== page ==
Examine your lawn weekly or just before each mowing to detect problem areas. At the same time, look for weeds. A dense stand of healthy grass prevents most weeds from growing, so abundant weed growth indicates that the lawn is unhealthy and susceptible to other pests. |
An indication that a lawn may be infested with insects is when the adults (e.g., moth or beetle stage) of pests are drawn to lights at night or when vertebrate predators (birds, raccoons, or skunks) are digging in your lawn for caterpillars and grubs. However, the insects coming to light may be drawn from far away and vertebrate activity is not a foolproof indicator. They may be feeding on earthworms instead of insects; also, vertebrates will return to where they previously found food, so they may dig in lawns even if insect pests are no longer abundant. If you observe damage, the next step is to determine the actual cause. If you think the damage is caused by insects, confirm your suspicions by looking for the pest. The most accurate way to do this is by using either the drench test or by inspecting around roots
The drench test is effective for detecting chinch bugs and caterpillars including armyworms, cutworms, and sod webworms, but it does not detect grubs. Locating and correctly identifying a pest is important because different pests require different treatment materials, timing, and application methods.
Remember that the mere presence of an insect pest does not imply that it is the cause of unhealthy lawns or that an insecticide treatment is needed. It is normal to find a few pest insects in any healthy lawn. Generally treatments are not recommended unless the population level of the insect pest reaches a predetermined level called a threshold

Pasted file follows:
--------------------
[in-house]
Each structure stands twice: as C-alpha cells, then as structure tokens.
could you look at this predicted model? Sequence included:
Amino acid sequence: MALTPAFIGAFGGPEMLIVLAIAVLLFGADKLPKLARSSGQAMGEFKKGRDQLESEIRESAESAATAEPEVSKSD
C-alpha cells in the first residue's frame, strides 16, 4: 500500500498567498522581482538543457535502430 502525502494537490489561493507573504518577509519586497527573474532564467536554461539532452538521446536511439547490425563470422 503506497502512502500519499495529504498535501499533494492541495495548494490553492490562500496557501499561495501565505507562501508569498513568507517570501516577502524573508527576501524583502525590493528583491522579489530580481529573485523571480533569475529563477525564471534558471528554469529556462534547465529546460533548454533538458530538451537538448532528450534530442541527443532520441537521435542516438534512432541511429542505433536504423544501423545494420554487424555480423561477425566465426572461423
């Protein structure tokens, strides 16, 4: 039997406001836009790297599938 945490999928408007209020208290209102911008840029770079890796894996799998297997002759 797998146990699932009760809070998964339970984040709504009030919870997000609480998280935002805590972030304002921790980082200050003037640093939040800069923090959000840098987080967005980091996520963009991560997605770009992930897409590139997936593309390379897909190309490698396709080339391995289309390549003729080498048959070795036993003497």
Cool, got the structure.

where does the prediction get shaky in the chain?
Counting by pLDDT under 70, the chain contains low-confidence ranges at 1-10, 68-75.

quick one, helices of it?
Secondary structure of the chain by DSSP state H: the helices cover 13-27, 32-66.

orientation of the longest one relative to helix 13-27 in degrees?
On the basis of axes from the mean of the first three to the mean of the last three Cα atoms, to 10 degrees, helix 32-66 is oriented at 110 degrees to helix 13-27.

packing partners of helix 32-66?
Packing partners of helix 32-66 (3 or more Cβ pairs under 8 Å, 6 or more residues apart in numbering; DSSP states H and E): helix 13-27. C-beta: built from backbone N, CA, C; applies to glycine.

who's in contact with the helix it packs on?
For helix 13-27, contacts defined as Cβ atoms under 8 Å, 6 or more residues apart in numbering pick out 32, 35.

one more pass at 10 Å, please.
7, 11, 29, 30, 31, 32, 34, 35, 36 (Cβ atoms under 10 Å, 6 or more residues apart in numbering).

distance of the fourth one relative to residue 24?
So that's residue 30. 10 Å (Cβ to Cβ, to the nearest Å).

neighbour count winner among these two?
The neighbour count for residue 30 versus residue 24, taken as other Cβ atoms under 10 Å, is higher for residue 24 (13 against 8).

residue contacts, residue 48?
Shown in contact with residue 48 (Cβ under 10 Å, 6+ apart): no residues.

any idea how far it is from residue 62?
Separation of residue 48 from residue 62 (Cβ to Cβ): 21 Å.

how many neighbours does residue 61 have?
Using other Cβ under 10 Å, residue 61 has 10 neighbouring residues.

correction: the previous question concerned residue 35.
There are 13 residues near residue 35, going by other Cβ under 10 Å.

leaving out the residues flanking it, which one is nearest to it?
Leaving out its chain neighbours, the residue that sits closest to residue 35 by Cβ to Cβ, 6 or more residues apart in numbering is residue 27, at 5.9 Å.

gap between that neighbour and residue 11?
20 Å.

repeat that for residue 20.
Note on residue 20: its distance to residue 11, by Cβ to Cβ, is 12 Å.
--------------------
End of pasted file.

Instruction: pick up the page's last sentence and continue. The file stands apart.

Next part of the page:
Thresholds are the population levels at which the number of insects feeding exceeds the ability of a healthy lawn to withstand the damage they cause. For example, an insecticide usually is not needed unless there are more than about 5 armyworms and cutworms or 15 lawn moth larvae per square yard. Sample several different areas of the lawn to better estimate populations overall, especially if numbers are close to suggested thresholds (Adapted from University of California Agriculture and Natural Resources)
Inspect Around Roots
The drench test does not indicate the presence of billbug larvae, black turfgrass ataenius larvae, or white grubs (masked chafers, May beetles, and June beetles). To detect white grubs, dig or cut beneath thatch and examine the soil around roots and crowns (where roots and stems meet). Look for the white, legless larvae of billbugs (a weevil) or the C-shaped, six-legged larvae of scarab beetles such as black turfgrass ataenius and masked chafers. When these are numerous, roots are eaten away and turf often can be rolled back like a carpet. If you find more than about one billbug larva, six white grubs, or 40 black turfgrass ataenius grubs per square foot, control may be needed.
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